Admittedly, when I heard Channel 4 was producing a sitcom in mid-troubles Northern Ireland, I had my doubts. Although, they do say comedy equals tragedy plus time, and Derry Girls proves just that. Created and written by actual ‘Derry Girl’ Lisa McGee, this fast paced, joke per minute, smash hit tackles the troubles, and comes out on top.
McGee takes the humour established in her first Channel 4 show London Irish, and brings it full form in this raucous sitcom. In all the countless portrayals of troubles era Northern Ireland, none demonstrate the take it on the chin humour, that carried a nation through political conflict, as well as Derry Girls. The show represents“ ordinary people in extraordinary times,” by giving nod to the factory girls, and the all important chippies that held the city together. McGee’s decision to put women at the front and centre of her second comedy, is no accident either, tired of the “very violent and very male” portrayal of the troubles, she instead taps into the “very female strong” aspect of the city. This unique perspective on a troubled time, makes for a stellar all female comedy ensemble, unlike anything else on TV at the minute.
The show heralded as a “female Inbetweeners,” focuses on catholic school girls Erin, Orla, Clare and Michelle, along with “the wee English fella’ James,” as they navigate their teenage years. The core four tackle the real issues of the time: rival schoolmates, chasing boys and trying not to get expelled. Each character somehow manages to feel familiar in their own way, bringing their own brand of comedy to the show. Saoirse Jacksons deserves all the awards, if only for unique facial expressions as Erin, while Clare’s (Nicola Cloghlan) weekly breakdowns, work to remind you of the sheer melodrama of your formative years. The foul-mouthed Michelle (Jamie-Lee O’ Donnell) brings crass wise cracks that for a Derry person, ring a little too true. Meanwhile, the eccentric innocence of Orla, (Louisa Harland) and the utter confusion of James,(Dylan Llewellyn) juxtaposes brilliantly against the tense backdrop of the show, which at many points is reduced down to a sheer inconvenience.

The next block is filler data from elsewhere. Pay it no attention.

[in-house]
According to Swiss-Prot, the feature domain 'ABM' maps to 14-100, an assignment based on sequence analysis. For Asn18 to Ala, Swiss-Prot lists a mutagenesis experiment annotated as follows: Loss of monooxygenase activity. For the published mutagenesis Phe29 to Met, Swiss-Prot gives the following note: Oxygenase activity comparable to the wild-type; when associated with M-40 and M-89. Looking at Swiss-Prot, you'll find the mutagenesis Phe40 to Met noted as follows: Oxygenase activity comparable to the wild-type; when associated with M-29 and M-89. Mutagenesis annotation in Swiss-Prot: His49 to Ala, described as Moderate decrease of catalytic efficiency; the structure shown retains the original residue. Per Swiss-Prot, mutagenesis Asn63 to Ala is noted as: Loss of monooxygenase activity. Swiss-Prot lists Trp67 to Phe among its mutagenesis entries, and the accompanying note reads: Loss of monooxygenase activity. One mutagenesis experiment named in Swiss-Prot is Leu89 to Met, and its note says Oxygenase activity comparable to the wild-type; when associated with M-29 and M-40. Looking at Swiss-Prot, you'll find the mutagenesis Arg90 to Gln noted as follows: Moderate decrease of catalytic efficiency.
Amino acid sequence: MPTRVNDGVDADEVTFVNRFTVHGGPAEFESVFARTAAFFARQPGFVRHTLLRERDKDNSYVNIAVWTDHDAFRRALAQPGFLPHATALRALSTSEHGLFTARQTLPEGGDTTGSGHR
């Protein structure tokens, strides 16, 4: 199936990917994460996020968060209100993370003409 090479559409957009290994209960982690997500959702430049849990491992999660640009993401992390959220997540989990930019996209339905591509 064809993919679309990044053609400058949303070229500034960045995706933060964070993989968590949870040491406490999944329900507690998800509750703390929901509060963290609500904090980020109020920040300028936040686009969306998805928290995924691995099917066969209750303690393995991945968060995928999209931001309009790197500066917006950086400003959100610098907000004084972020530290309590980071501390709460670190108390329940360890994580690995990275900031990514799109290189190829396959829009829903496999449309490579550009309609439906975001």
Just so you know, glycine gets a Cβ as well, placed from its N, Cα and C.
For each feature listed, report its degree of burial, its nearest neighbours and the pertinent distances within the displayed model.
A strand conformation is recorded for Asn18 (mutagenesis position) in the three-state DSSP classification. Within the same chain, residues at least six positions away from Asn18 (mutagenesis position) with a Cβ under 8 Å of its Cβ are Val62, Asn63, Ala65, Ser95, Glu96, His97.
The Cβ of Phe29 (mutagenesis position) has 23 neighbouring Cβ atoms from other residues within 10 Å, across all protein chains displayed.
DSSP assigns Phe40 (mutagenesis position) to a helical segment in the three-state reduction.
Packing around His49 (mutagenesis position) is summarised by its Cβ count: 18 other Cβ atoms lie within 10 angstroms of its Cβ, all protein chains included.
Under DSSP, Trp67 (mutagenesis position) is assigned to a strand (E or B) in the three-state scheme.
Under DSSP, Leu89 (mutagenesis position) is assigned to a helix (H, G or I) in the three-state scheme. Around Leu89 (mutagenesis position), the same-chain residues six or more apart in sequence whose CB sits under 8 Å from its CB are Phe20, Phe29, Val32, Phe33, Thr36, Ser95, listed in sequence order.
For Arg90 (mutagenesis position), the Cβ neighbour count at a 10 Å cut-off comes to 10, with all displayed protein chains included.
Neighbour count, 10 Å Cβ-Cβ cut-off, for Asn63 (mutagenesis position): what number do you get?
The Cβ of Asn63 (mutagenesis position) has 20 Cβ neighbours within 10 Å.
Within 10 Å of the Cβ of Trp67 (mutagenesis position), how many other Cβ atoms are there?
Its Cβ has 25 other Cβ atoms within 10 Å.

The tough love humour of the city, is exemplified in the family’s treatment of Gerry, (Tommy Tiernan) Erin’s father and the only Southerner in the family. The culture clash is epitomized in a hilarious episode where the family is forced to deal with the IRA head on, when one sneaks into the boot of their car when they try to cross the border. The setting allows for this kind of unique situational comedy, which cements the shows mass appeal, allowing it to bring in nearly 3 million viewers in its first night.
No Irish comedy would be complete without a nun or a priest, and Head Mistress Sister Michael does not disappoint. Her dry wit and questionable faith, already have twitter calling for her own spin off. Complete with a knock out 90s soundtrack, that I’ve had on repeat since it dropped on Spotify, Derry Girls had all the makings of a coming of age hit, and its success is more than deserved.
In this instance, writing what you know has really paid off, as the show has already been renewed for season two. Show creator Lisa Mc Gee sums it up when she commented that “sometimes the toughest places to live are also the funniest.” Being a comedy, the cities violence takes somewhat of a back-seat to the gallivanting of the teens, even so we are reminded of fatal events of the troubles, in its final episode. Played out by the late Dolores O’ Riordan of the Cranberries, we watch the Quinn families solemn reaction to an attack reminiscent of the Omagh bombing, in contrast to the girls dancing at school, unsuspecting of the tragedy unfolding elsewhere. These poignant final moments, bring needed pathos to the show’s otherwise light-hearted humour, and ground it in real events of that time.
So if you’ve not seen the show, catch yourself on, and gone do yourself a favour by catching up on All 4 now. Also, for all you non Derry folk, yes subtitles are available.
by Alannah Fleming
Alannah Fleming is a 24yr old politics graduate from Ireland, who is somehow still surviving in Glasgow. She spends most of her time watching YouTube, regretting not being a teen YouTube sensation, and overall just trying her best. She enjoys bad slasher movies, freaking out at Shonda Rhimes’ story-lines, and all the work of David Fincher. Her favourite movies are La La Land, Gone Girl, Grease and Obvious Child, and you can bet she will fight you to death on why Fight Club (despite its embarrassing fan base) is still a good film. Find her on Instagram at lanafleming and giving Twitter another go at AlannahSFleming.